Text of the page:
Monday, November 18, 2013

Working with Gen Y Teachers

A significant transformation is underway in American schools. As Baby Boomer teachers retire they're often replaced by members of Generation Y (born between 1977 and 1995). There is evidence that these teachers come from a far different set of experiences, experiences that motivate them differently than prior generations. Their expectations about the workplace vary as well.

Characteristics of Gen Y Employees

• Highly educated, value education and attribute their success to education;
• Very comfortable using technology and expect it to be available in the workplace;
• Tend to be creative, innovative and self-confident;
• Committed to making a difference and contributing to positive social change;
• Want to be connected, updated and included and involved in their work;
• Desire relationships with co-workers and supervisors;
• Looking for opportunities for growth, challenging work and assignments and flexibility in work schedules;
• Possess collaborative skills, are committed to team-building and are not afraid of accountability;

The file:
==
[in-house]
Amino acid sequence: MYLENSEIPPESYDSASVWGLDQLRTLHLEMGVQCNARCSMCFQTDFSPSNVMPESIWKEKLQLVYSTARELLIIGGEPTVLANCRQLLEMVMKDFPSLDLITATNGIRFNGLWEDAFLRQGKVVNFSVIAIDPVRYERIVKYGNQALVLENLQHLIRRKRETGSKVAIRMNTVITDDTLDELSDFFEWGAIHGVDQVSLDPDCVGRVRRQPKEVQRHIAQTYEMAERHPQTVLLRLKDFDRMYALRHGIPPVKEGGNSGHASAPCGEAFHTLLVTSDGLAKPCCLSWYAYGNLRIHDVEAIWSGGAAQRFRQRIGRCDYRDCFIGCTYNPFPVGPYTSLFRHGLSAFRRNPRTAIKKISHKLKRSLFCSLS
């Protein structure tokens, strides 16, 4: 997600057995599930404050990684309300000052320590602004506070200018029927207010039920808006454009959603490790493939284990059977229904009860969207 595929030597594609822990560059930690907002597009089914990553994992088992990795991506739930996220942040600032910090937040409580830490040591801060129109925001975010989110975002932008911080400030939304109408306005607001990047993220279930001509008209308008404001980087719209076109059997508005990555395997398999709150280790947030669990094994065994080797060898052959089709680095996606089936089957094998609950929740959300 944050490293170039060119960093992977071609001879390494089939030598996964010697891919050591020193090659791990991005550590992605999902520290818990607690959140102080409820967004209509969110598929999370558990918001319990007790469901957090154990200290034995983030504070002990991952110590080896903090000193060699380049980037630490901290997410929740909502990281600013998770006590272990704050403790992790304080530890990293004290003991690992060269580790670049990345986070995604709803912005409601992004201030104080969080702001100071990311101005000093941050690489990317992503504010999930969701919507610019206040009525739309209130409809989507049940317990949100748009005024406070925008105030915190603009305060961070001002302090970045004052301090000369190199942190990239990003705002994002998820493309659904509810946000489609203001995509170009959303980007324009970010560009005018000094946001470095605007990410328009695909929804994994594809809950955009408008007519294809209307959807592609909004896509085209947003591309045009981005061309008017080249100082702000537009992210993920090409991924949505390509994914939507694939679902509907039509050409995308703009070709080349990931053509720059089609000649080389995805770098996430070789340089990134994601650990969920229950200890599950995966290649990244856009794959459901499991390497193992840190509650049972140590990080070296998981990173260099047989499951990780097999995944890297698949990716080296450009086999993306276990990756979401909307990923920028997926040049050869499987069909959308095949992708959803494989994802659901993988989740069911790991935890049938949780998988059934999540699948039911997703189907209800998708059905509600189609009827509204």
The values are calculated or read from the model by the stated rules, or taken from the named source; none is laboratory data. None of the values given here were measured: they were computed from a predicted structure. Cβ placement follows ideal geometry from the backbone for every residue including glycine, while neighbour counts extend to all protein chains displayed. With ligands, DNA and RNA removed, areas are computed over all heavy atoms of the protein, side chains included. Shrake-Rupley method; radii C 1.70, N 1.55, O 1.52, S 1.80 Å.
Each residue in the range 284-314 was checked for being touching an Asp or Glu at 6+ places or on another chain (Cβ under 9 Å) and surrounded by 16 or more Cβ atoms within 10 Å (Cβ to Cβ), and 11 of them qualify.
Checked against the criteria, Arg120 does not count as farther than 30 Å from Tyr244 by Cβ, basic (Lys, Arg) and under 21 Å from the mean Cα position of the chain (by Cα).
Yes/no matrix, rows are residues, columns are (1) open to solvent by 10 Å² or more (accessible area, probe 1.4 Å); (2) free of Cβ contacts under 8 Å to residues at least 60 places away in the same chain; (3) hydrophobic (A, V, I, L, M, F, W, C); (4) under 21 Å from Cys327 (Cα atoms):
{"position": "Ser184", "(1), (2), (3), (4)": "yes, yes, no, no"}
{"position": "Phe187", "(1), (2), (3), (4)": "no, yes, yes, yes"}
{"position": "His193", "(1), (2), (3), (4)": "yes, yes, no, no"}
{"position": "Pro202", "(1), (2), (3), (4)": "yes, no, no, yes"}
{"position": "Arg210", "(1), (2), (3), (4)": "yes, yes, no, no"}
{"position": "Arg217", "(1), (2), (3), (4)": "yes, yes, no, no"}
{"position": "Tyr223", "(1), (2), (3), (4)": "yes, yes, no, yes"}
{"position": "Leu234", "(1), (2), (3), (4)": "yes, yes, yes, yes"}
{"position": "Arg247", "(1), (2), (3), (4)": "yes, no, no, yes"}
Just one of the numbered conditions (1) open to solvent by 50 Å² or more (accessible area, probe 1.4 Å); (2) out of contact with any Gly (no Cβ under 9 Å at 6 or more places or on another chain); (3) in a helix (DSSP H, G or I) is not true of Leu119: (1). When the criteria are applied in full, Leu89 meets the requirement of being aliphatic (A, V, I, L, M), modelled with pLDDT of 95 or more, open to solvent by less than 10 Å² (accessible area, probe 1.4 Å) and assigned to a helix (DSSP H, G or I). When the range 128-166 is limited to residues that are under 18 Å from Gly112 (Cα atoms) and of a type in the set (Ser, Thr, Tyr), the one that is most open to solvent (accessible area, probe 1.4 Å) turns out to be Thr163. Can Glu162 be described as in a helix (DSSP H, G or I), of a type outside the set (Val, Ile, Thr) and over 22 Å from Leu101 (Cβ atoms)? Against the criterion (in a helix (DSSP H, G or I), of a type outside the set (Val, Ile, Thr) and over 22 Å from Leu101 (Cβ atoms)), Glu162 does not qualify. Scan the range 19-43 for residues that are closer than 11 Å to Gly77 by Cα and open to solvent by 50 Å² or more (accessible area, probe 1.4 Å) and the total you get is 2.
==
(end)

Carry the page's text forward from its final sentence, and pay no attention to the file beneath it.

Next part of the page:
Members of Gen Y share several characteristics. They tend to be highly educated and concerned with the quality of education. As a result they value education and “attribute their success to their educational opportunities” (Wong & Wong, 2007). They are also very comfortable using technology and avoid disconnected or technologically inferior workplaces. “They were the first generation to grow up in a society saturated with electronic technology” (Rebore & Walmsley, 2010). They tend to be creative, innovative and very self-confident and enjoy working in small groups. Significantly, they are committed to making a difference and contributing to positive social change (Carter & Carter, 2001; Shaffer, 2008; Yuva, 2007). In a study conducted for the Educational Research Service, Marx (2006) found that Gen Y teachers are committed to addressing long-standing social issues including diversity and greater inclusiveness in the workplace.

These characteristics are different from previous generations of teachers, including many administrators who come from prior generations. It is important that school leaders acknowledge the powerful motivation for change, recognize their unique learning and working style and find ways to authentically engage and involve them in school leadership. I'd enjoy hearing from you about your experience as a member of Generation Y or working with a Generation Y employee.

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